The red rat snake is a mid-sized constrictor, growing on average between three and four feet in length. This species typically has a tan to orange coloring with large red blotches along its length, and a “V” on its head. As one of the most skilled climbing snake species in Florida, the red rat snake is skilled at capturing bird eggs, lizards, and small mammals. The Lower Keys population of red rat snakes tend to be slightly smaller in size than the mainland snakes, resulting in smaller clutches of eggs after breeding. Red rat snakes breed between the months of April and June and average about 40 eggs per clutch.
The red rat snake can be found all throughout Florida, with snakes being documented on almost all the islands of the Florida Keys. This species inhabits rockland hammocks, pine rocklands and even mangrove habitats, using the brush and shrubbery for shelter and cover while hunting. Red rat snakes can also inhabit urban areas and other disturbed habitats.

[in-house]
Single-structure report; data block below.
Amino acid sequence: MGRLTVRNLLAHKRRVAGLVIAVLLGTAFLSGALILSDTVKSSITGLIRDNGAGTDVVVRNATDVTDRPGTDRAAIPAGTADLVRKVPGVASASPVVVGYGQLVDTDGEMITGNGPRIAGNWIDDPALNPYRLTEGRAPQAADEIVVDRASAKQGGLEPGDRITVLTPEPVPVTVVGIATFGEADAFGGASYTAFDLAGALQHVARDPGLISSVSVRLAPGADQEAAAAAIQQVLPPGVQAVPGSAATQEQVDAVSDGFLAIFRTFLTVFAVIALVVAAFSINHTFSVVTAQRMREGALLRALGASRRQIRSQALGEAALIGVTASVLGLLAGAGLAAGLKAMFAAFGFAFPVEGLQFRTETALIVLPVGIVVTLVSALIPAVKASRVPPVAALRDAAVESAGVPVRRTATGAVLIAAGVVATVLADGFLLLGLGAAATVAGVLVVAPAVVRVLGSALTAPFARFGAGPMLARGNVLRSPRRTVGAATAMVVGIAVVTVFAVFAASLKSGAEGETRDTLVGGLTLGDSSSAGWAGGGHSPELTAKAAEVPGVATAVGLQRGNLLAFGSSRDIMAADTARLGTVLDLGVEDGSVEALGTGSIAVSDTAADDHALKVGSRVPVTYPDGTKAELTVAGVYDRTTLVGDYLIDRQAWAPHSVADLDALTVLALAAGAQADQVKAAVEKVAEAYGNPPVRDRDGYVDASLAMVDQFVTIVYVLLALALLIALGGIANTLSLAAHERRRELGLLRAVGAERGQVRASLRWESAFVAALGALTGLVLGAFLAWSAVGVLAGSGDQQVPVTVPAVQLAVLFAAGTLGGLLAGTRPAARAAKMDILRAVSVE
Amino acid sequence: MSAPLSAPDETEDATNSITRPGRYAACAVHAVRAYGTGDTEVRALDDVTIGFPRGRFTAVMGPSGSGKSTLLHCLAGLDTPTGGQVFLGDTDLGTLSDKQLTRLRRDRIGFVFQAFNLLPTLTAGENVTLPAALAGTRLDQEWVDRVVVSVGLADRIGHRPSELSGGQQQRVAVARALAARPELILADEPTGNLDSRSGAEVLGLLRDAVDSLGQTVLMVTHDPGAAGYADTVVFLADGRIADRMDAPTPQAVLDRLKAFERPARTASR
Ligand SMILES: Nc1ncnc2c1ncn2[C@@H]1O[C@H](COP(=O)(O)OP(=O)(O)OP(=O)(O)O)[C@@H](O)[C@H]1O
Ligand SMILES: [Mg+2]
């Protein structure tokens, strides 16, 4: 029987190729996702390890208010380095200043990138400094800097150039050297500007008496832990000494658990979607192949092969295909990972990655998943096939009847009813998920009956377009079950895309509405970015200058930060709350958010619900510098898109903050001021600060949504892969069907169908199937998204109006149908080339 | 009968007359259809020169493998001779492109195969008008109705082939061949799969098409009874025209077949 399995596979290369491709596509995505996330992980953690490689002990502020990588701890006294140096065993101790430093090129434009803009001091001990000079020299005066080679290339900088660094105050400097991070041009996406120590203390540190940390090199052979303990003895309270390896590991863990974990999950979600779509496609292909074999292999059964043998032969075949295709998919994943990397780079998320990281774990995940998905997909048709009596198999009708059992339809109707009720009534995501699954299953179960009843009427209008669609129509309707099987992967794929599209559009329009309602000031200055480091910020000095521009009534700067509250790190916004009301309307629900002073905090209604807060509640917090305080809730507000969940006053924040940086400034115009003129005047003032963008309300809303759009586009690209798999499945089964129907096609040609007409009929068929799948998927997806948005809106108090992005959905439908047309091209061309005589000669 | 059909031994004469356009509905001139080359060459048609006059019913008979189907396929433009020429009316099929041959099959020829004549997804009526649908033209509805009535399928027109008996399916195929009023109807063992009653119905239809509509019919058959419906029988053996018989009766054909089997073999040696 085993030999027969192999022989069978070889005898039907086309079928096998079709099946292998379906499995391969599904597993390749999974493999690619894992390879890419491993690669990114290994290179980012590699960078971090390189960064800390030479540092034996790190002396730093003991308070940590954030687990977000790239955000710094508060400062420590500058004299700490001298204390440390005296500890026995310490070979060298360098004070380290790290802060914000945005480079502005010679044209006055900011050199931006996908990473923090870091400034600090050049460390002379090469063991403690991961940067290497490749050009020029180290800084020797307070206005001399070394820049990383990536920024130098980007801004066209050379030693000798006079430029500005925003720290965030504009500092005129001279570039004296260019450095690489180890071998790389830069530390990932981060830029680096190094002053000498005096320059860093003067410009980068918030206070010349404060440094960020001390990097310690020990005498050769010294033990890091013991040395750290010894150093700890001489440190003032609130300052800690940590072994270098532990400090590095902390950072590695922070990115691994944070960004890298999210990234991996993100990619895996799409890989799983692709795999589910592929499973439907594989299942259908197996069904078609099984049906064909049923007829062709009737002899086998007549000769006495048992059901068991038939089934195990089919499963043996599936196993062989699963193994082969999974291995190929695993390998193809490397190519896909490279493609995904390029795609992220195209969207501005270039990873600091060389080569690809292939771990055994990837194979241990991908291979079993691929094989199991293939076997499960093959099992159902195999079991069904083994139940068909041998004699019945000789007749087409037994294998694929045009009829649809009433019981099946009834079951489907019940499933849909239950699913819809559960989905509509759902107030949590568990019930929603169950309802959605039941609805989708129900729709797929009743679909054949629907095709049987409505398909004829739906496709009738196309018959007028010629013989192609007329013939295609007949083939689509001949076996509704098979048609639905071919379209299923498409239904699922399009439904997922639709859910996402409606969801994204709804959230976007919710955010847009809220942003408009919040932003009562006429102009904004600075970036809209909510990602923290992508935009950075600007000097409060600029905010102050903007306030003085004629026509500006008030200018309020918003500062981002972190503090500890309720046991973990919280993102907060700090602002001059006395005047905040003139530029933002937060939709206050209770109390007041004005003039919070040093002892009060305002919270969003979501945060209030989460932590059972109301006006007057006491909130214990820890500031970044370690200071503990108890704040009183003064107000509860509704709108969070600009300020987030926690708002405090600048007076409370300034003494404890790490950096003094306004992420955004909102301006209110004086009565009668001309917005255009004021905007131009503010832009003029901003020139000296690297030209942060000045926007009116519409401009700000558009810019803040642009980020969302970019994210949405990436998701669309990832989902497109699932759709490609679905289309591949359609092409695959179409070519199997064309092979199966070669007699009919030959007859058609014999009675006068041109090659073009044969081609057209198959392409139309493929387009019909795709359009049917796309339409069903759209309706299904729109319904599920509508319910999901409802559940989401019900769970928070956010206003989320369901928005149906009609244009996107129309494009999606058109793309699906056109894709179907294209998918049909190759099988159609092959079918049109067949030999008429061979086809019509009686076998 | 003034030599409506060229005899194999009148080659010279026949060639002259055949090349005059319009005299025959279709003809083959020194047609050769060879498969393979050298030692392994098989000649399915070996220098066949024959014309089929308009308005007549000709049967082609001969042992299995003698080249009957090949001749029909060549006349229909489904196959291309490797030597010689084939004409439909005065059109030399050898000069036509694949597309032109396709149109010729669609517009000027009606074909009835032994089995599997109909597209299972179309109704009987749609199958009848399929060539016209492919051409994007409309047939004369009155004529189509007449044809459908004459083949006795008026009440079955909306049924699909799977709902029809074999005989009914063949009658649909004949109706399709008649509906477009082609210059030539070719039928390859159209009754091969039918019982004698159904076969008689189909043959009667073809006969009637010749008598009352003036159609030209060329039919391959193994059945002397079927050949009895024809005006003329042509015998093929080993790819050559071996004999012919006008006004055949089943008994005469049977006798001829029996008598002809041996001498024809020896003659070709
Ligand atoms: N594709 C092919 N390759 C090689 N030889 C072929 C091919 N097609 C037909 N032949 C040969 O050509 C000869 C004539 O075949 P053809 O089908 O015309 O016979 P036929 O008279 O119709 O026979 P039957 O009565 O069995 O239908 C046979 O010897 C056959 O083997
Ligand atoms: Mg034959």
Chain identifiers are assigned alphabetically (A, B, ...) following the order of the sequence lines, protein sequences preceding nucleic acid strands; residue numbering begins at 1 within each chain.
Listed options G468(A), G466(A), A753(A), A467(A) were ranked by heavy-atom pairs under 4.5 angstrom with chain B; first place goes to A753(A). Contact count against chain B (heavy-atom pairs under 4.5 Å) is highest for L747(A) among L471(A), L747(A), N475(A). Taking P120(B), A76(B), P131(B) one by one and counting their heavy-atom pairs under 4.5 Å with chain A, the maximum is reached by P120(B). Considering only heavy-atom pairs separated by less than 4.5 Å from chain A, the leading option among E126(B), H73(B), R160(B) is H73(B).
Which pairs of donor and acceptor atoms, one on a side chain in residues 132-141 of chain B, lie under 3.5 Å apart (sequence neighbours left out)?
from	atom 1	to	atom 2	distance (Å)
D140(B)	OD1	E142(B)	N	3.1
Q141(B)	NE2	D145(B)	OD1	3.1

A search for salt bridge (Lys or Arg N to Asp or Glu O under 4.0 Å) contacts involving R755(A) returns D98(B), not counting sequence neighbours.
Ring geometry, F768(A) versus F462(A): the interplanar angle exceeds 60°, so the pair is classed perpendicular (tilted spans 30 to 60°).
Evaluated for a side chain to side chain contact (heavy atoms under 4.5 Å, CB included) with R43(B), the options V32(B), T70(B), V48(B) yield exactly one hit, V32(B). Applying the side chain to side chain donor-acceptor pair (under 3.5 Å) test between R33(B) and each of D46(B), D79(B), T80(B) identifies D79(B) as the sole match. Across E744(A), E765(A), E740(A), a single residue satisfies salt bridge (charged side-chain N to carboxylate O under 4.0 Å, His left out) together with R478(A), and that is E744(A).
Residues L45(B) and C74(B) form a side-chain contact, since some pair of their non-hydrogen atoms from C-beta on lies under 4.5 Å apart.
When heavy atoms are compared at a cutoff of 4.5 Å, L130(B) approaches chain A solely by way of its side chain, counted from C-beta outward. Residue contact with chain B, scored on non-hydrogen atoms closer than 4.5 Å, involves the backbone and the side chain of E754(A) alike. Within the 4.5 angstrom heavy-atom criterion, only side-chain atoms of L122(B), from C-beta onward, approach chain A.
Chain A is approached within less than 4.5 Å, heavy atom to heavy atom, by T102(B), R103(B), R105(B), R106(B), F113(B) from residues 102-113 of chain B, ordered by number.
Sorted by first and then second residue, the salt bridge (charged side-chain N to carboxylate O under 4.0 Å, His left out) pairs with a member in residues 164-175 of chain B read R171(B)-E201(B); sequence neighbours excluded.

The Lower Keys red rat snake population faces specific climate-related threats. Inundation from sea level rise and freshwater availability are especially critical threats for the Keys population. This population of red rat snakes is also strained by the existing threats of habitat destruction, predation by nonnative species and human interaction and harvesting, decreasing population resilience and capacity to respond to additional stressors related to climate change.
More information about general climate impacts to species in Florida.
The overall vulnerability level was based on the following assessment(s):
The primary factors contributing to vulnerability of the lower Keys populations of the red rat snake are sea level rise, erosion, presence of barriers, habitat fragmentation, and alterations to biotic interactions. Biotic interactions includes decline in major prey base for juvenile snakes (frogs) if the salinity of the frog breeding sites increases.